Nithia: I think it was also our parents, their generation, they would compare their kids and say things like, “Oh, well, my kid’s a doctor, what does your kid do?” The whole comparison thing, and I guess it transferred over to the next generation. I love meeting other Indonesians, but I choose not to interact with them if they’re within that competitive circle — the circle that believes in “the model Indonesian American.”
Q: Does your family talk about a specific suku they belong to, or do they discuss heritage in “general Indonesian” terms?
Tati: Very much yes. Again, when I said that I lived in a bubble, the bubble I lived in was specifically Manado Indonesian Americans. I did not meet a single Javanese person until I met my current partner, and I met him when I was 23. My entire life I have only known Manadonese Indonesians, except for Nithia, who’s a fellow Ambon Indonesian.
Nithia: Tati, you didn’t mention that you’re half-Manado, half-Ambon.
Tati: Oh, I didn’t. So I’m Manado and Ambon. I did also have a lot of Ambonese friends who I love dearly, who I would say I relate to more than I do the Manadonese people that I knew.
Nithia: For me, it was more all-around Indonesia. Ethnically, my mom’s family is Ambon, and my dad’s family is Chinese. I would say our family adopted traditions from both sides. However, both of my parents grew up in Jakarta. Therefore, the heritage that was passed down to me was Jakarta culture, whether it be the language or the lifestyle.
Q: What kind of stories were your families sharing with you as you were growing up? Or maybe more recently?
Tati: My parents never really taught me about the history of Indonesia. I mean, they taught me everything else, the food and the music, and that’s it. I knew nothing about, like the political side, the history. I love to ask my grandparents questions about when they were in Indonesia, and they absolutely hate talking about it. Now they’re a little bit more comfortable, but back then, maybe like 10 years ago, they refused to really say anything. My grandma has a bit of PTSD — if she hears really loud noises, she gets really scared. So yeah, that’s one of the reasons why my oma never tells me anything. My opa grew up really, really poor. He ended up becoming a doctor. While he was in med school, he had four kids, and then that’s when he uprooted his family to California.
Nithia: Growing up, I heard so many Indonesian folktales like Maling Kundang, Batu Bedaun, Bawang Merah Bawang Putih. I have more knowledge of folktales than I do of actual Indonesian history. I have very minimal knowledge of my family history. I regret not asking my grandpa, who passed away last year, more questions about our family history. I do know that he was in a Japanese concentration camp in Indonesia when he was 7 or 8. On my mom’s side, I really don’t know a lot. I do know that my grandpa worked in the government, and he actually lived in New York in 1950, which I think is so cool. In terms of actual Indonesian history, I wish my parents taught me more. I’m barely trying to learn about history now. I watched this Indonesian movie called “Bumi Manusia” — “This Earth of Mankind.” Through this movie, I saw that the Dutch were really awful. I don’t think I ever knew the true extent of terror they brought upon Indonesia until I watched this movie.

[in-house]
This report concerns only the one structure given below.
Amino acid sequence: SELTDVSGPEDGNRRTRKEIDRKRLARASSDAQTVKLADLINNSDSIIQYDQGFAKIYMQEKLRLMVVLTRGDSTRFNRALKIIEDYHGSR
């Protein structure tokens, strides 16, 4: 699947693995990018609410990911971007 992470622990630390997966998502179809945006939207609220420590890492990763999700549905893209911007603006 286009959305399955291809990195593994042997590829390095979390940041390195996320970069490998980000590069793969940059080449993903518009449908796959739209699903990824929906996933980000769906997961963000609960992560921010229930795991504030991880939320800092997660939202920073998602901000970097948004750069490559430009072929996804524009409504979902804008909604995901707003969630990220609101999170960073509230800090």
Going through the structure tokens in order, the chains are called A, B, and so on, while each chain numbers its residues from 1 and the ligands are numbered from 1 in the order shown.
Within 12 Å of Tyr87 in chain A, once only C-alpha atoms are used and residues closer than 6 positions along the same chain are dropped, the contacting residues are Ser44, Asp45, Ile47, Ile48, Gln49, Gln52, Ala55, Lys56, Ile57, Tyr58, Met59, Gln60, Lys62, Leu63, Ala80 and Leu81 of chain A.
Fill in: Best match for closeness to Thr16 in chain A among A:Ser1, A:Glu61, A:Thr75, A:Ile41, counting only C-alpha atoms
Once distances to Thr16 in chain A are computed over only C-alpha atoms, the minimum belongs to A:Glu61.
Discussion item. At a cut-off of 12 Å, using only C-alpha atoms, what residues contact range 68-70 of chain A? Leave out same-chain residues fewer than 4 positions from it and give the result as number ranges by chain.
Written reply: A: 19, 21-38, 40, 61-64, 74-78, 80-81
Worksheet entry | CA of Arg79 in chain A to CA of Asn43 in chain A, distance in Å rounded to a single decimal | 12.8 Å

Tati: Nithia, don’t your grandparents still speak Dutch? Because mine do.
Nithia: Yeah, both sides.
Tati: It’s weird. Yeah. And I didn’t know why. I used to think it was cool, but now I know it was forced on them.
Q: I wanted to ask you Tati, specifically, like what has the experience been like moving to Jakarta and thinking about all of these things about being in diaspora, but you’re in Indonesia now?
Tati: Being someone who was born and raised in California, and then moving to Jakarta with my partner, has been quite the ride. There are people who don’t see me as Indonesian enough, or they’ll see me and they’ll be like, OK, you’re just Indonesian with an American accent, you’re not special. And it’s like, I’m not trying to be special whatsoever, I’m just trying to live my life. Coming from California, a lot of people here in Jakarta really expect so much of me, like they think that my parents must be millionaires, that I’m this and I’m that. My partner is Indonesian, and I’ve had girls come up to me and say, “Oh, my god, your parents moved you all the way to California only for you to find another Indonesian?” Just so casually say that to me, and it’s just really weird. So it’s been kind of tough because I feel like people do want to get to know me, but they don’t. Moving here has been weird because people have all these expectations of me and when I don’t live up to their expectations, they’re just like, whatever.
Nithia: I think one thing you talked about is how people over there are really into wanting to hear more about America and American culture, but you wanted something different.
Tati: OK, yes, so I came here thinking, alright, I’m going to learn about my heritage, my culture, my history, like I want to know. And it’s the complete opposite because everyone that I’ve met so far is obsessed with the West. Like they don’t care about being Indonesian because they were born and raised here, so it’s not anything special to them, I would guess. So I very much want to learn about Indonesia, and everyone else who meets me wants to learn about America. But I’m like, Oh, I don’t want to talk about this, I want to talk about Indonesia. Everyone asks about what’s happening in the U.S., but no one ever really wants to focus on the things that are happening here in Indonesia.
Q: And you’ve been in Jakarta for a few years now?
Tati: I’m coming up on two years, actually.
Q: So what does your Indonesian heritage mean to you?
Tati: What it means to me is to lift up my ancestors to make them proud in everything that I do. Everything that I do now, I want future Indonesian kids everywhere in the world to see that being Indonesian is something to be proud of. It’s something that you’re going to carry with you your entire life, so might as well love who you are and where you came from, where your grandparents came from, and where your parents came from.
Nithia: I want Indonesians everywhere to be proud of where they came from. I want us to also take ownership of everything that comes from our beautiful country, ancestors, etc. Side note: Working in the fashion industry, so many other fashion designers and companies are taking our textiles and saying that that’s their look and making it “their own.” I want to take back all of our resources, take back our culture, and showcase our culture to the world but in the eyes of Indonesians, not through the eyes of white people that have gentrified our culture. So being Indonesian means everything to me, and I want the world to know about our culture through our lenses.